©2011 Gail Pursell Elliott
Unemployment and job security have created some disturbing behaviors in today’s workplaces. Supervisors Intimidating employees and verbally bullying them has become more prevalent as well as coworkers behaving subversively to protect their jobs from others viewed as a threat to their continued employment. Behavioral risk management is the realm in which we address workplace violence. Not addressing incivility and disrespectful behavior in the workplace especially in times such as these is risky business. Creating a safe environment in this area can be challenging and like every other safety issue, requires an organizational commitment, structural and procedural assessments, and implementation of safeguards such as communication education, monitoring and intervention. Unfortunately, most programs addressing issues of violence are more reactive than proactive. Once the need has been demonstrated either by overt acts of aggressive behavior, threats or worse, a company will scramble to figure out what happened in that instance rather than looking at the organization as a whole.
What most organizations don’t understand is how long disgruntled employees stay disgruntled. As an expert on bullying, mobbing, and harassment in workplaces and schools, I’ve worked with individuals who have angry and hostile feelings towards the workplace and the individuals who abused them or pushed them out and are unable to let those feelings go even if they are able to move on with their lives. Humiliation has been described as having the effect of killing someone over and over. The humiliation or desecration of a human spirit is one of the main reasons that former or current employees will retaliate with an overt act of violence, the most extreme of which is a workplace shooting. It is interesting to note that in a large percentage of these cases, the perpetrator also commits suicide. This indicates that the person was suicidal and engaged in homicide as a last act of taking control in an environment that destroyed their sense of self and left them feeling out of control and without recourse. When mobbing was researched in Sweden in the 1980’s, it was determined that between ten and twenty percent of the suicides in the country at that time could be directly attributed to mobbing/bullying in the workplace. None of these cases involved violence toward others.
Civility is often coupled in the same phrase as ethical expectations within an organization as they often are closely related as indicators of one another. High turnover, low morale, an increase in sick leave and stress related workman’s compensation claims, unpleasant employee relations, factionalism, lowered productivity, a lack of teamwork and trust, are just some of the indicators that a risk management assessment and intervention is necessary. It is not only safer but less expensive to rehabilitate, reassign, provide counseling for employees, and to examine and change interactive processes within your organization than it is to contend with inordinate sick leave, stress related workman’s compensation, unemployment, litigation, and more. A good beginning is to have a behavioral risk management audit performed by an outside entity who is not only familiar with the indicators of bullying and mobbing but also who can remain objective to determine what is needed.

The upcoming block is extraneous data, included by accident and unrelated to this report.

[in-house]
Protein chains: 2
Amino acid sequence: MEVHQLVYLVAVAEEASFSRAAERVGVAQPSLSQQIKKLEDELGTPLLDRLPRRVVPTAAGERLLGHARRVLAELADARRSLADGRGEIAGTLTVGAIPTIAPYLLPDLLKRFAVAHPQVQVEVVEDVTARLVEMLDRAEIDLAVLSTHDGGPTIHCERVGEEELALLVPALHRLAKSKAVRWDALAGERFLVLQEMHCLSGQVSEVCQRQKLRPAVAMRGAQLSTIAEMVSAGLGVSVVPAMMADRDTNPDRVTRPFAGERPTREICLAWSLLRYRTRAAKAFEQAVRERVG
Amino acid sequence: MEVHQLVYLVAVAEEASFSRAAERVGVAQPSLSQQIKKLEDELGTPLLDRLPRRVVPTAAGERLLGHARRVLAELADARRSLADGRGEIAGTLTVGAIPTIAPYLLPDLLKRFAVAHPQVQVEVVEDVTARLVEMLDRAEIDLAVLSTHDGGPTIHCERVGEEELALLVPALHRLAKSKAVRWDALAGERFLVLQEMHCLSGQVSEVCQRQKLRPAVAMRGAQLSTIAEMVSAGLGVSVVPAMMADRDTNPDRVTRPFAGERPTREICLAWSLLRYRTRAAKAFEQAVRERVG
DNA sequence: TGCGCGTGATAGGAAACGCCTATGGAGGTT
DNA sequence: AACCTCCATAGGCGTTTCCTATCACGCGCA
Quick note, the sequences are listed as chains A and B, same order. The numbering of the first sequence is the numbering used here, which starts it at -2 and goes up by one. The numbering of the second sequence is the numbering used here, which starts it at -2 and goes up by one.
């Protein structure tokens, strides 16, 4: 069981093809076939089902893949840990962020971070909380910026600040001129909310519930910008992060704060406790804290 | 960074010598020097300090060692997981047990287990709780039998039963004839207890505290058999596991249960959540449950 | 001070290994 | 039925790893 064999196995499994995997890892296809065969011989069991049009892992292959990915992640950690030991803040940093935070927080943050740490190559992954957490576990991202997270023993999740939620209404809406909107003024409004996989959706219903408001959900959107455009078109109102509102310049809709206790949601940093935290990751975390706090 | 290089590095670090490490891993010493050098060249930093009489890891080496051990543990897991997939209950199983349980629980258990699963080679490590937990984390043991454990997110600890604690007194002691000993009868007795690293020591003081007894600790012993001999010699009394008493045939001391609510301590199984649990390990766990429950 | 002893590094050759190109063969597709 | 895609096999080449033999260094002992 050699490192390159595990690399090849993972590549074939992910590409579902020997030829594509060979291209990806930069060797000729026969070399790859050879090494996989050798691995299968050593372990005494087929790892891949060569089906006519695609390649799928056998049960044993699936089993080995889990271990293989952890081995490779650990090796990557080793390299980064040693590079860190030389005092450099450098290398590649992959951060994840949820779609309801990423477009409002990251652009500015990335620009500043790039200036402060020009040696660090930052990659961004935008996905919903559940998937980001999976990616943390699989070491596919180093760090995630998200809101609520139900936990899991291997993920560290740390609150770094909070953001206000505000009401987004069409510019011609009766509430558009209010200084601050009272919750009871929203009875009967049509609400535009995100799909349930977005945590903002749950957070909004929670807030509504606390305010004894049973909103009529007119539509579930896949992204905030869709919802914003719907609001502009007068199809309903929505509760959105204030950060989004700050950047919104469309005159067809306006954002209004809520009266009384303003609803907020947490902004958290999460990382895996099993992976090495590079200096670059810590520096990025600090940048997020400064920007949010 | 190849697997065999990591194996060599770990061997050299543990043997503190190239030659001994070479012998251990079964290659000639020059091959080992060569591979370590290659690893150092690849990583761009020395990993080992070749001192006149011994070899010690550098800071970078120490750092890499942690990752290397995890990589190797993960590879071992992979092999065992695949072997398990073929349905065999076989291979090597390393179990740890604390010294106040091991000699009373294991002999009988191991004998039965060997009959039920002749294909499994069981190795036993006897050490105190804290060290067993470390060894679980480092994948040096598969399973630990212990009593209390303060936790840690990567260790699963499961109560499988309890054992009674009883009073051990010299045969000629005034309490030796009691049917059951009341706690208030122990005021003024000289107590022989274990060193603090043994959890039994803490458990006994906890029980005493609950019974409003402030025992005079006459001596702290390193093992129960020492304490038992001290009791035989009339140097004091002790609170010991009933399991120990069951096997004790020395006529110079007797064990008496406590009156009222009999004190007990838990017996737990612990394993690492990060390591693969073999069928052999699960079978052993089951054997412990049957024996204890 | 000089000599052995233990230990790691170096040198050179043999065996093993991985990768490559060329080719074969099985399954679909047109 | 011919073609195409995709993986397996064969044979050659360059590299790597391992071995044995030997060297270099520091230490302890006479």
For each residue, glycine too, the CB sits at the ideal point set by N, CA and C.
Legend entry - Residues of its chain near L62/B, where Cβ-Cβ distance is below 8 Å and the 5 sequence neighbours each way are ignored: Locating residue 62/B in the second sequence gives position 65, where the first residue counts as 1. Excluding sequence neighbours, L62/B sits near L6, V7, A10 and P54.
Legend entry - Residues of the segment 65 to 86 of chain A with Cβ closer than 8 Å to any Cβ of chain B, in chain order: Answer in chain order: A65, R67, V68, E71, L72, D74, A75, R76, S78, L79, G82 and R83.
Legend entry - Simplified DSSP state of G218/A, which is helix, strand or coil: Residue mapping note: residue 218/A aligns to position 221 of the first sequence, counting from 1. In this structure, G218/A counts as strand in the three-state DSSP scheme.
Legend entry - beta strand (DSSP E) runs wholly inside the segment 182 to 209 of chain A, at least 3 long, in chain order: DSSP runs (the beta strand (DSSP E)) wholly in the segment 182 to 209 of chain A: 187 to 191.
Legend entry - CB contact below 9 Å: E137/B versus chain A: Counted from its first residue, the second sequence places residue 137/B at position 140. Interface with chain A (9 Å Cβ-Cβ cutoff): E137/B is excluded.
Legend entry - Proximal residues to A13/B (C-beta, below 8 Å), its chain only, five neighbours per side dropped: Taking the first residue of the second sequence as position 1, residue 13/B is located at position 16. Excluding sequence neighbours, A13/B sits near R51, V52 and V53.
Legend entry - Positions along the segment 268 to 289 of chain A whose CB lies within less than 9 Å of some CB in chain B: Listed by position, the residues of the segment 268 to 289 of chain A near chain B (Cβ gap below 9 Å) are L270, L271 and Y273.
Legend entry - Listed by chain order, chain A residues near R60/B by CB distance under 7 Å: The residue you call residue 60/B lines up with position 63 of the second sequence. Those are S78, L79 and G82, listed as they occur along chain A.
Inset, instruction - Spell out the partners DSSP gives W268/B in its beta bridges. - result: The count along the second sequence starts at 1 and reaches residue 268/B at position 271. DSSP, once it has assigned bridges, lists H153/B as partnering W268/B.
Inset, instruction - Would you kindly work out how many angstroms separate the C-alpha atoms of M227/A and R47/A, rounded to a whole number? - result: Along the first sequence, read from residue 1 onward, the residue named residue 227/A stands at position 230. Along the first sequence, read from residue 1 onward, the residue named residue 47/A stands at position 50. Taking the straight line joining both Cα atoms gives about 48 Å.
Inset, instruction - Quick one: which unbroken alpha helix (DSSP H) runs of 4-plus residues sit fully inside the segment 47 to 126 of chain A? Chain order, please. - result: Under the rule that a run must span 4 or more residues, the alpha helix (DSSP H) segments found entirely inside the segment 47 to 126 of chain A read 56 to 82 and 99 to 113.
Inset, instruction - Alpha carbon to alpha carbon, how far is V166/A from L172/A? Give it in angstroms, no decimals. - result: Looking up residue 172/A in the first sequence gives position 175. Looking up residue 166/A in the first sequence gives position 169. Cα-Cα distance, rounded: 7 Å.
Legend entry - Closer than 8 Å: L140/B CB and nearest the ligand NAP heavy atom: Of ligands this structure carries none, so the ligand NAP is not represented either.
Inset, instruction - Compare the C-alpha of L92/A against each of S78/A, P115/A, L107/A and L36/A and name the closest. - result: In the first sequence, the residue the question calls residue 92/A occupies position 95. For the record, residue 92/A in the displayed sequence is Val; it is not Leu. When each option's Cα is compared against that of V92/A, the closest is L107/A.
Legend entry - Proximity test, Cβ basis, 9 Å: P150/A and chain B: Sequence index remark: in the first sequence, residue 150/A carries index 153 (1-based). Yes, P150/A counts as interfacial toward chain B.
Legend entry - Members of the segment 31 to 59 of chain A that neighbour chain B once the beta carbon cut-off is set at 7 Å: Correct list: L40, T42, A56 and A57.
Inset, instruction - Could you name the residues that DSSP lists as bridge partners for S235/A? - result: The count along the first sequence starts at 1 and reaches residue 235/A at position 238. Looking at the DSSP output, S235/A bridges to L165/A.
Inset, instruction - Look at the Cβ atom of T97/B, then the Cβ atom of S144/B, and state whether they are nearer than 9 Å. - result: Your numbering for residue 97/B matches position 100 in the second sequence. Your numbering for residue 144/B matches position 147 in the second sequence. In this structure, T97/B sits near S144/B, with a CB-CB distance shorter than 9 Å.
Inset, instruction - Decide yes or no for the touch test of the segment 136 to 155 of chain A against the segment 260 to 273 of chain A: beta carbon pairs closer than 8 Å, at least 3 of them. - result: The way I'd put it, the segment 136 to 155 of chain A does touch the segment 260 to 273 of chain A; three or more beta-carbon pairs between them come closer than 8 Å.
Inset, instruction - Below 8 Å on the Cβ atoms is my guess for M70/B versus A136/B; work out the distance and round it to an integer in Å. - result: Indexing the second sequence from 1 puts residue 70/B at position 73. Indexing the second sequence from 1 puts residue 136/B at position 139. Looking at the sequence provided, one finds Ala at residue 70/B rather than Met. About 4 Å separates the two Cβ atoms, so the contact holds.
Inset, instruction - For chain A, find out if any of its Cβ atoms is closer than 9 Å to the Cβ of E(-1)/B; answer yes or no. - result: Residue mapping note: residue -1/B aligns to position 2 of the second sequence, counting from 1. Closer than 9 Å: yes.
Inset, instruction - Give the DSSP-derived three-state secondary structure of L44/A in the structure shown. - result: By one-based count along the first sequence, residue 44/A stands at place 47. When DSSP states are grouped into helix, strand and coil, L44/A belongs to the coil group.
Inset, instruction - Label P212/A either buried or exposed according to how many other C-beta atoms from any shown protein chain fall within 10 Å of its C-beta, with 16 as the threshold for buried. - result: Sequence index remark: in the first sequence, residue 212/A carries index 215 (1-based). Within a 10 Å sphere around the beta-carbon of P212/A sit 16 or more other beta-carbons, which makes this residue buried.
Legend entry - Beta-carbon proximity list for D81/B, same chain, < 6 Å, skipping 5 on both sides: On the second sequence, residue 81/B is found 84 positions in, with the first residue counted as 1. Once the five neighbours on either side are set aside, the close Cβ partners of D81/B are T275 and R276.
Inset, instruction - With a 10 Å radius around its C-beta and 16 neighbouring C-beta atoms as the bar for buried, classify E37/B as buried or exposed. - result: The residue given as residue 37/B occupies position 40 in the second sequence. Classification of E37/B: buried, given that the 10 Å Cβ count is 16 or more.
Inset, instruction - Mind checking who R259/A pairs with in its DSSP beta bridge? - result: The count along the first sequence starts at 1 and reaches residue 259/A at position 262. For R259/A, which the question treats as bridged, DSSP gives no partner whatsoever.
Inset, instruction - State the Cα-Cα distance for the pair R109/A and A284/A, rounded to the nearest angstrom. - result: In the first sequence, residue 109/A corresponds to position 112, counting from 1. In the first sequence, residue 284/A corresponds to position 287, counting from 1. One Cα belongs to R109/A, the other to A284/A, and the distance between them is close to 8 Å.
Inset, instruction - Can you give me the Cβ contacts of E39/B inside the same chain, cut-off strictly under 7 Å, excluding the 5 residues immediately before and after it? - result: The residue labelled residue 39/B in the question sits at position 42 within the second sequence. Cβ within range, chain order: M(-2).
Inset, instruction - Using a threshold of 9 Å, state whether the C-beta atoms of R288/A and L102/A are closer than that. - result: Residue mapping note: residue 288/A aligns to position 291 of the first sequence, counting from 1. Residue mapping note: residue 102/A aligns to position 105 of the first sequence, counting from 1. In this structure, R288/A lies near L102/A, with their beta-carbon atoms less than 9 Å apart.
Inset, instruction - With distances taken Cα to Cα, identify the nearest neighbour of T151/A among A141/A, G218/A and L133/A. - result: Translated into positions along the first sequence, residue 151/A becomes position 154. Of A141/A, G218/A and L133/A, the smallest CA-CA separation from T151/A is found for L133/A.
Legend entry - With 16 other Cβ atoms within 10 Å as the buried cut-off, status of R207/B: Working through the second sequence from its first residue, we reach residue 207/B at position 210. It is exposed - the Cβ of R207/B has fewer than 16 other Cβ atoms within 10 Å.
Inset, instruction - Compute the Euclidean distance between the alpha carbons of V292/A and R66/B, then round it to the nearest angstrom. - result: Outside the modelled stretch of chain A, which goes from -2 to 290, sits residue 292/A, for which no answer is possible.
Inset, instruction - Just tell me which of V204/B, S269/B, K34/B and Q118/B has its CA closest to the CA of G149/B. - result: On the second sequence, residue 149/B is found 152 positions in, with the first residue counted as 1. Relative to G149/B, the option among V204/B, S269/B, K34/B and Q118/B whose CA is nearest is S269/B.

Meanwhile, a proactive approach is to create an emotionally safe and respectful work environment for everyone. This begins with clear and respectful communication and not only setting expectations but also modeling the behavior that is expected as well as providing training as necessary. Policies, mission statements and codes of conduct are reduced to merely fine words on paper when they are not lived as well as stated.
Gail Pursell Elliott, “The Dignity and Respect Lady”, has over 20 years experience in middle and upper management, founded Innovations Training in 1998, and is author of several books including School Mobbing and Emotional Abuse and co-author of the book Mobbing: Emotional Abuse in the American Workplace. Her weekly Food for Thought is read by people around the world. Gail trains employees for corporations, associations and universities, designs sessions upon request to address specific needs and timely i! ssues, and is a featured speaker at conferences as well as a sought after media expert on workplace and school violence. Gail has been a guest on such programs as MSNBC’s Deborah Norville Tonight, ABC World News NOW television programs and the Workplace Violence Today program on talk radio.
This article was published in the Workplace Violence Prevention E-Report. Gail is a regular contributor to the Report which is a quarterly publication of the National Institute for the Prevention of Workplace Violence. Gail’s articles focus on bullying and mobbing in the workplace.